Let me preface this by saying I'm not a Thomas Pynchon fan - I mean, I read Crying of Lot 49 and would like to read more Pynchon some time but I'm not among his faithful followers. Anyway, The Wall Street Journal today reports that Pynchon has released a piece of, gasp, genre fiction that has got the literary blogosphere baffled. Why, everyone wonders, is this literary giant dabbling in such a shallow art form? Is he being clever? Satirical? Just having fun? Just following his heart?
Or, are some of the distinctions we make in literature artificial? Are genre labels and the assumptions that come with them boxes that we try to squeeze things in. Is Pynchon writing a detective novel simply because it's what he's creating?
I've a lot more to say on this - it's an idea close to my heart and interests and has been for years - but I won't get into it now. You can probably imagine where I come in this: if I haven't made myself clear (or if you're just finding this blog) I think the way we analyze and divide literature is frequently but not always artificial. My personal preferences in fiction have always been either to capital-L Literature that is as entertaining as genre fiction or to so-called genre fiction that is as powerful or dynamic as capital-L Literature. This blog's old favorites - Maugham, Trevanian, Orwell - come to mind.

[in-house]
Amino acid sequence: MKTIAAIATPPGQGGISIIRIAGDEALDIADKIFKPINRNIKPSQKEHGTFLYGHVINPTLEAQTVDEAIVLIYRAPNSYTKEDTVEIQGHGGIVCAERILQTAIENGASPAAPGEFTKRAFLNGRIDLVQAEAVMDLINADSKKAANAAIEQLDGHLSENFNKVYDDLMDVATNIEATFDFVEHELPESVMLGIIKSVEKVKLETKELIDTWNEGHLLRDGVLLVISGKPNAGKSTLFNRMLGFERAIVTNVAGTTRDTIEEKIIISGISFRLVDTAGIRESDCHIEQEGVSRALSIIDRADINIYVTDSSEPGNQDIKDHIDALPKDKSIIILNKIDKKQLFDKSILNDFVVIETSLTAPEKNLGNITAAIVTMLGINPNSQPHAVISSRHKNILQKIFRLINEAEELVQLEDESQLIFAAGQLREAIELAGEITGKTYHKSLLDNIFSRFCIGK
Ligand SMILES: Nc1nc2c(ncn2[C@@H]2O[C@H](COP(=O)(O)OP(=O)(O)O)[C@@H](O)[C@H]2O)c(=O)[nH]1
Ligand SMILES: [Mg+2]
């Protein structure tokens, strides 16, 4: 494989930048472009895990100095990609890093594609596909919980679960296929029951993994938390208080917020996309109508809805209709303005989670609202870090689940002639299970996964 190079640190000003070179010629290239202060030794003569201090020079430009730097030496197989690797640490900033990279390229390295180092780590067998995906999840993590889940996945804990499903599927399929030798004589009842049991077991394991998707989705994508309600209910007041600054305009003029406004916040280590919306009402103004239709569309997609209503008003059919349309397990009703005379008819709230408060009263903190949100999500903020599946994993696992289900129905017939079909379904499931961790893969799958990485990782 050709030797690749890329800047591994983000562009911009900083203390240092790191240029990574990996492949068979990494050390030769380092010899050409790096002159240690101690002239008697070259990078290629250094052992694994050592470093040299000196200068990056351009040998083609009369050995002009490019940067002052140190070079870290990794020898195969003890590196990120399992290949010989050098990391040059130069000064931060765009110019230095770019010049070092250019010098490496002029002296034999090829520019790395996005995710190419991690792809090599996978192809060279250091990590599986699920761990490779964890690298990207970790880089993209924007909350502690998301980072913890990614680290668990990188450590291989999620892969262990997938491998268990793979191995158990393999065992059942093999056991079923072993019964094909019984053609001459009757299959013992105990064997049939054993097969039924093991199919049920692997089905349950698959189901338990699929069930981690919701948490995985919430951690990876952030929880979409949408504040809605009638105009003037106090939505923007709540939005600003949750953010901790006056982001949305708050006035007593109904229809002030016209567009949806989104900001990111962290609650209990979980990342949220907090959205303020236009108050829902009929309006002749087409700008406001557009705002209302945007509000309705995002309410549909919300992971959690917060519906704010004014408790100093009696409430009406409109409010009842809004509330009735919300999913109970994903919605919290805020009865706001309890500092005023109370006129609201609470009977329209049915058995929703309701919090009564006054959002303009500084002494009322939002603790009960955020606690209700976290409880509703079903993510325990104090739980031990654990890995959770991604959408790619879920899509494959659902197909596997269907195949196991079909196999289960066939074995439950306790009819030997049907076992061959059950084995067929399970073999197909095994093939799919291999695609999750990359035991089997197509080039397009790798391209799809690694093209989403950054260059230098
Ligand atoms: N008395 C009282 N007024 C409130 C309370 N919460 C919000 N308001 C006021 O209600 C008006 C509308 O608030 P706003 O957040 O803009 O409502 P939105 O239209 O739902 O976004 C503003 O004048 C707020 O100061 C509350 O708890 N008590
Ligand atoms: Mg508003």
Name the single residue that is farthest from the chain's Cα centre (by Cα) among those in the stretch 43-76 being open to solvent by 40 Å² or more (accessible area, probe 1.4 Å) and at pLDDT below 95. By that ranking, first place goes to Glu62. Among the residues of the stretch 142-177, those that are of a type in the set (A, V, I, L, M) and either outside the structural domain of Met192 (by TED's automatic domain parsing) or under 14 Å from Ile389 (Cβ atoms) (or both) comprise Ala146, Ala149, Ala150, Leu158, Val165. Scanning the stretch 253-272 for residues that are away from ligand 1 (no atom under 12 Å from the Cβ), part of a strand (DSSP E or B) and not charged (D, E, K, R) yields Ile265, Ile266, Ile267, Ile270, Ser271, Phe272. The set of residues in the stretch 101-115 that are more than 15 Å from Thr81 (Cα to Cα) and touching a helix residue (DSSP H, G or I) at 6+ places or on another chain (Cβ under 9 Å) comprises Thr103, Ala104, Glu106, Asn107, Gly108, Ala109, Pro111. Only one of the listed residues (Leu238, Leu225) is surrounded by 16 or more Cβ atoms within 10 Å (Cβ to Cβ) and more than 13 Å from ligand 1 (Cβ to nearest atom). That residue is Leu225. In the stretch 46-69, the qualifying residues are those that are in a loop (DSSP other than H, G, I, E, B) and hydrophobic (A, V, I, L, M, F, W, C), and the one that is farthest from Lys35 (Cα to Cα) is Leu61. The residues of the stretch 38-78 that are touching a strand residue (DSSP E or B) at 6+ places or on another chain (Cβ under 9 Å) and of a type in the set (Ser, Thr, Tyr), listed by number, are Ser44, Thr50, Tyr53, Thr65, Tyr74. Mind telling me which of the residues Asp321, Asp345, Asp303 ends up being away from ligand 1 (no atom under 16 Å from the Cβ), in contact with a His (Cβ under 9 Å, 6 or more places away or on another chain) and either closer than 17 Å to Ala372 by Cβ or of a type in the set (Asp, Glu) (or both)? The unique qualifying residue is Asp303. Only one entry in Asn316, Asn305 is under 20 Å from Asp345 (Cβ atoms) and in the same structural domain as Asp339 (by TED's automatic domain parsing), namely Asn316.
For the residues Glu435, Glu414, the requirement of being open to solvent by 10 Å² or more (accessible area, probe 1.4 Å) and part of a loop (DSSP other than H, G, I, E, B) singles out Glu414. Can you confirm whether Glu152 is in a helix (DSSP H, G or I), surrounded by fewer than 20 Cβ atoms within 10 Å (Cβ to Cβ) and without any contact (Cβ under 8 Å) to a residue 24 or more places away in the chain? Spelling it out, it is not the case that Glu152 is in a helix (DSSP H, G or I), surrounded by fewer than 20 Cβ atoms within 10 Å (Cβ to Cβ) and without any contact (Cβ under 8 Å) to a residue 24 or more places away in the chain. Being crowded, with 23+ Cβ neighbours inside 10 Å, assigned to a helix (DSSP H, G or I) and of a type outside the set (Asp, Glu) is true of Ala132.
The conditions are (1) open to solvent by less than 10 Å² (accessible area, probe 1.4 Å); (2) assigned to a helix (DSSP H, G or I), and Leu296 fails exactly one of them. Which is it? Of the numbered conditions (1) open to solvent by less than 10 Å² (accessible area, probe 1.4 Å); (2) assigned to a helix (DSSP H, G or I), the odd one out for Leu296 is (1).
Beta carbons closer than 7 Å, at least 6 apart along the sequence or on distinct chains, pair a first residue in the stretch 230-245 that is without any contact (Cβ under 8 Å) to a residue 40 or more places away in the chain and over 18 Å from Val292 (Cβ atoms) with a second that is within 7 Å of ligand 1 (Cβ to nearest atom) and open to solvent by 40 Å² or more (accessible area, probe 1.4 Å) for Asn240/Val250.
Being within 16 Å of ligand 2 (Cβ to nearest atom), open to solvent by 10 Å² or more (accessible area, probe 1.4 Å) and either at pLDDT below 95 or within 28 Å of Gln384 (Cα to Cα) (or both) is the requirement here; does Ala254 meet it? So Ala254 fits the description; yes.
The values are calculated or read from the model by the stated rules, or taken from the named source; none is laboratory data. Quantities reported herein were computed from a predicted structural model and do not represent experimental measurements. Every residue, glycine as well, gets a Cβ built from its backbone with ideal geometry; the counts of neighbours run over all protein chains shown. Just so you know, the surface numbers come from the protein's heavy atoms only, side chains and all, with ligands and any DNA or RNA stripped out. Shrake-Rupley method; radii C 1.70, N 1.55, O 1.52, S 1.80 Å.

I'm less interested in Pynchon and more interested in the topic but my gut is anyone as reclusive as Salinger but who appears on The Simpsons has probably got a sense of humor and lives by his own rules. I mean, the reason for distinctions and analysis are clear and sometimes necessary but most of what interests us in fiction does or should transcend categories. More later; this is an old discussion with me.